Attesting to the collective, or egalitarian, tenor of Surrealism (or simply reflecting the difficulty of obtaining loans), no one artist dominates the present show. Viewers of a 1993 exhibition called “Max Ernst: Dada and the Dawn of Surrealism,” which came to the Museum of Modern Art and showed the German artist to have been, especially during the years 1919 to 1922, around when he was turning thirty, one of the most inventive collagists who ever lived, will certainly wonder why, in this exhibition, he doesn’t stand out more. It was the Cologne-based Ernst—who sent Breton, in 1921, before Surrealism actually existed as a movement, some of the collages and drawings he had been making—who gave Surrealism some of the key elements of its identity.
Using photos from newspapers and engravings from catalogs and manuals and turning them, via seamless cutting and pasting (and sometimes coloring), into mesmerizing and rather confounding little stories of a kind, Ernst excited the Parisians because, reassembling materials he had found, he wasn’t, in the fullest sense, inventing his artwork himself. More than that, he was the first artist, I think, to connect the insouciant aspect of Surrealism (and of Dada) to a distinct body of images—and images that in an elusive yet persistent manner are about sexuality and can be nightmarish.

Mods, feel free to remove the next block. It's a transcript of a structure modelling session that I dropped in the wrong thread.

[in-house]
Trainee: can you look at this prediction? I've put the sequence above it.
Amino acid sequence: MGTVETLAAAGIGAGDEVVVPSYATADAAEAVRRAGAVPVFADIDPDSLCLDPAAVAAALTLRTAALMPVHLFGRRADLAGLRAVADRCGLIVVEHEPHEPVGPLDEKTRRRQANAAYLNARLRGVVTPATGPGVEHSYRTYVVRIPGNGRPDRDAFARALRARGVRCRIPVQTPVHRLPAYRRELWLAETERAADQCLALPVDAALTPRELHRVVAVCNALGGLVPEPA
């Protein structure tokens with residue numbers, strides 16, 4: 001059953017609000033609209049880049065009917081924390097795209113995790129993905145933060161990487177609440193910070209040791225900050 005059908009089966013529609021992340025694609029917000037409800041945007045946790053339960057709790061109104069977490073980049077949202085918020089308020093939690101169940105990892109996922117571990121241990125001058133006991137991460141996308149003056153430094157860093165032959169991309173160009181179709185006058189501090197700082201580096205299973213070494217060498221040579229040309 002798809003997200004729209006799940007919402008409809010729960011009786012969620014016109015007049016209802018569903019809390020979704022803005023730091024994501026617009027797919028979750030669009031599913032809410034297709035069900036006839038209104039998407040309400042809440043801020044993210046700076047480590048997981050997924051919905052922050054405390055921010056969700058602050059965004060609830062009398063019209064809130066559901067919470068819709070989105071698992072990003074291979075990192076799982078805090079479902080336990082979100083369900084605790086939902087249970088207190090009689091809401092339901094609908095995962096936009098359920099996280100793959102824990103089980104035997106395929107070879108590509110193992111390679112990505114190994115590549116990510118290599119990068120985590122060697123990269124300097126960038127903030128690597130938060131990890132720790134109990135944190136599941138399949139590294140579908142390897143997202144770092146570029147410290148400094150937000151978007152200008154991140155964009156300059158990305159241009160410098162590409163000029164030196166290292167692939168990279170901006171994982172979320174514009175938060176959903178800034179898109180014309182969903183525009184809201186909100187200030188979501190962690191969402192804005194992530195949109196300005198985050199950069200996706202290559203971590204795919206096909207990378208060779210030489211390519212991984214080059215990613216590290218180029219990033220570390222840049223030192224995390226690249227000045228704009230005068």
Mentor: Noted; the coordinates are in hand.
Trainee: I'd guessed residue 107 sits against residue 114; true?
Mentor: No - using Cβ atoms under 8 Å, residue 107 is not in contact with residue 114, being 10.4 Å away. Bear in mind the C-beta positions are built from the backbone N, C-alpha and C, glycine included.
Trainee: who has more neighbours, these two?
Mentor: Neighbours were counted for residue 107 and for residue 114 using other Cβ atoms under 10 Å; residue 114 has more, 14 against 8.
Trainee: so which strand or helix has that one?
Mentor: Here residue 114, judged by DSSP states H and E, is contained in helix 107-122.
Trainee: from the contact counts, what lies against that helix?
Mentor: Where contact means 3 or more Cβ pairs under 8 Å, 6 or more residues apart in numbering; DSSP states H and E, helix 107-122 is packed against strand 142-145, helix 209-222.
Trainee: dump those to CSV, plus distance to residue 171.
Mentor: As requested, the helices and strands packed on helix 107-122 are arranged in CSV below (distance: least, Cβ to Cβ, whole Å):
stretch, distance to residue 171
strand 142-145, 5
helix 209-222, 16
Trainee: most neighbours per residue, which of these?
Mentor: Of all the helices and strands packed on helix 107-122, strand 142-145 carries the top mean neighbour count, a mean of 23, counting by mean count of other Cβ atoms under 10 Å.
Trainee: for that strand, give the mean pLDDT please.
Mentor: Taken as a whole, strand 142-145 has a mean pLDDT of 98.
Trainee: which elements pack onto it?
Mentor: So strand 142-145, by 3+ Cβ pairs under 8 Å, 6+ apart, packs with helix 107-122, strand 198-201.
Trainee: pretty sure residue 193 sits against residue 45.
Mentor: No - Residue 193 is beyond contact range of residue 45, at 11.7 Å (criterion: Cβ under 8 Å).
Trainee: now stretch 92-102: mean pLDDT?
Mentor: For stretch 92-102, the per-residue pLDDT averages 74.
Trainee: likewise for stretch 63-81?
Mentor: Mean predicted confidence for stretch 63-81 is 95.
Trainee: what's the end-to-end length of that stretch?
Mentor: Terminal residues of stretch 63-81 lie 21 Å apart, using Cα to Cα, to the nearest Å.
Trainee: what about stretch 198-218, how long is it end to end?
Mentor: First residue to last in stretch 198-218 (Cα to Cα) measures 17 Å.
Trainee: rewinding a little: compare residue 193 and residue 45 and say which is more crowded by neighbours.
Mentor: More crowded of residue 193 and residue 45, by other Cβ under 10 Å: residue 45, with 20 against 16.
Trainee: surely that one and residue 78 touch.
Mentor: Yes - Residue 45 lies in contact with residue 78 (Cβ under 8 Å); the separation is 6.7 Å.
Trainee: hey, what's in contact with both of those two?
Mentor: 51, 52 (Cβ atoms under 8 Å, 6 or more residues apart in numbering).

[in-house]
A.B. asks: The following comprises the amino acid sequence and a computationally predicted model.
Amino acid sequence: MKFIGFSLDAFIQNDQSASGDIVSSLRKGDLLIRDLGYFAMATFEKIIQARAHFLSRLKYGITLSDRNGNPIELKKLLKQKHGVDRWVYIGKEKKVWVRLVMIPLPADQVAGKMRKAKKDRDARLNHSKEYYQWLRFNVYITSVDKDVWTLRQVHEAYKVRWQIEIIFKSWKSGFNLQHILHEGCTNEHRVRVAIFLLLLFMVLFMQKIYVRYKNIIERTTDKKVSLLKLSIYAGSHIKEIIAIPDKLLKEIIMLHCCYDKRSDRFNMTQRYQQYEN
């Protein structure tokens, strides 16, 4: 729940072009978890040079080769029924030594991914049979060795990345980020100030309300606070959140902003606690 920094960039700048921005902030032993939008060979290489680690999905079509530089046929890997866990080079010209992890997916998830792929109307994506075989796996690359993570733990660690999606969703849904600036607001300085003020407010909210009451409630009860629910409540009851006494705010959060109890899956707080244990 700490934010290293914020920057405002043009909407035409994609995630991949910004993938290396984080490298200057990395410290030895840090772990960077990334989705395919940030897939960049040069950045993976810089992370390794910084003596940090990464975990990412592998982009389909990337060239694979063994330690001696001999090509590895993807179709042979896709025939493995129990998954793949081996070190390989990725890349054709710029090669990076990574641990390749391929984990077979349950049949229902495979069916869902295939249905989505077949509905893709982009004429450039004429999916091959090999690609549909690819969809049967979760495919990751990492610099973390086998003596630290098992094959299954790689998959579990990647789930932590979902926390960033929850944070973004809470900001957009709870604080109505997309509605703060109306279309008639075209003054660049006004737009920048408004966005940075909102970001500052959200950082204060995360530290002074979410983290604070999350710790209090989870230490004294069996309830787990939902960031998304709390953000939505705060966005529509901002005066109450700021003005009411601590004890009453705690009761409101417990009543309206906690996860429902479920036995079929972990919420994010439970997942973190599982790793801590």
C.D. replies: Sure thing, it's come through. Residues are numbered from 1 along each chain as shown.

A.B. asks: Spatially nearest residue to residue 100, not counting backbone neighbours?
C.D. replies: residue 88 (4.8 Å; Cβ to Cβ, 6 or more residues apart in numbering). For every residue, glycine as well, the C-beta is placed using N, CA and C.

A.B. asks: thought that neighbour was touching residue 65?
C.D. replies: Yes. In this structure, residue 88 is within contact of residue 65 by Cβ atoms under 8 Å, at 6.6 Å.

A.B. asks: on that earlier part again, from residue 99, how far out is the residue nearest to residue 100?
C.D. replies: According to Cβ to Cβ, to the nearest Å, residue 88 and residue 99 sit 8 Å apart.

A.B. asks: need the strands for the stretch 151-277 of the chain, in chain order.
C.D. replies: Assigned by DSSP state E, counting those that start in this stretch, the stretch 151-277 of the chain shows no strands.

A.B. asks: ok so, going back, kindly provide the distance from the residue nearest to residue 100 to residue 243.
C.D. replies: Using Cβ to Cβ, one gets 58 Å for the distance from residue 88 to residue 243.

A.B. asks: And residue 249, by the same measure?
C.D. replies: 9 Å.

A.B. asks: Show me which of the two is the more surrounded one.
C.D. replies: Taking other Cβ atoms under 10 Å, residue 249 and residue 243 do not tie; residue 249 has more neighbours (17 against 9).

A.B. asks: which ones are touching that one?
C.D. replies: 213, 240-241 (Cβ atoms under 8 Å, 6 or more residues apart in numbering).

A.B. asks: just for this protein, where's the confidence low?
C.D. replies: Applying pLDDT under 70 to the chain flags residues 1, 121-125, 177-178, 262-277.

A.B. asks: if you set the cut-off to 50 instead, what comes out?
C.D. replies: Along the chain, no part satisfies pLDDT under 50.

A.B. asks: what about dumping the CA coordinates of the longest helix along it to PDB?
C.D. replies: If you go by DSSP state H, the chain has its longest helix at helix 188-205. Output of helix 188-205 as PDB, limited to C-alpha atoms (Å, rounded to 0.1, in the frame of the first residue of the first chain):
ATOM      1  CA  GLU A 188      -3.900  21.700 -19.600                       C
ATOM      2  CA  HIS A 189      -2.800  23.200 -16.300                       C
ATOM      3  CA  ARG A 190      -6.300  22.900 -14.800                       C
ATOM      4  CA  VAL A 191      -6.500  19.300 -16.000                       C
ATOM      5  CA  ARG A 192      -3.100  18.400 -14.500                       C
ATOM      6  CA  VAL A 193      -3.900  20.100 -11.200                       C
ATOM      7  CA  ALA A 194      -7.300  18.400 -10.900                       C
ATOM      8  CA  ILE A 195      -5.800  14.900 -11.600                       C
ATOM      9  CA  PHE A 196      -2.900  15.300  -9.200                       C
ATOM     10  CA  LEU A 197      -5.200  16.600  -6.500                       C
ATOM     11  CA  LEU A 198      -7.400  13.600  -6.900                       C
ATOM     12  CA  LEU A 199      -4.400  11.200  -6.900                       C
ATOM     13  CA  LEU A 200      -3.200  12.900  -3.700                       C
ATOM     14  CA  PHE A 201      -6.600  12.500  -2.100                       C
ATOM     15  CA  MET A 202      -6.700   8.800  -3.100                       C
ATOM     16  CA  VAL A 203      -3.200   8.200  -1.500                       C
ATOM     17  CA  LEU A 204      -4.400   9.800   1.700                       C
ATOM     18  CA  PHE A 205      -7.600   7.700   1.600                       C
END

The collages by Ernst on view at the Morgan are merely all right. But he isn’t exactly missed, because there are a number of engaging and unfamiliar works on hand that are indebted to him. The Chilean painter Roberto Matta, for example, known for his enormous canvases showing planets or asteroids held in suspension, is seen here in a winning photocollage from 1936 with the very Surrealist title Wet Sheets. It presents the outer-space world he was always creating but minus the gauzily synthetic colors and textures that so often make his paintings less powerful than they ought to be. Even better, perhaps, is an outright humorous Ernst-like collage called The Chemist by Adriano del Valle, who was a Spanish poet. It shows the collage method to be an excellent way to illustrate someone in the process of losing his mind.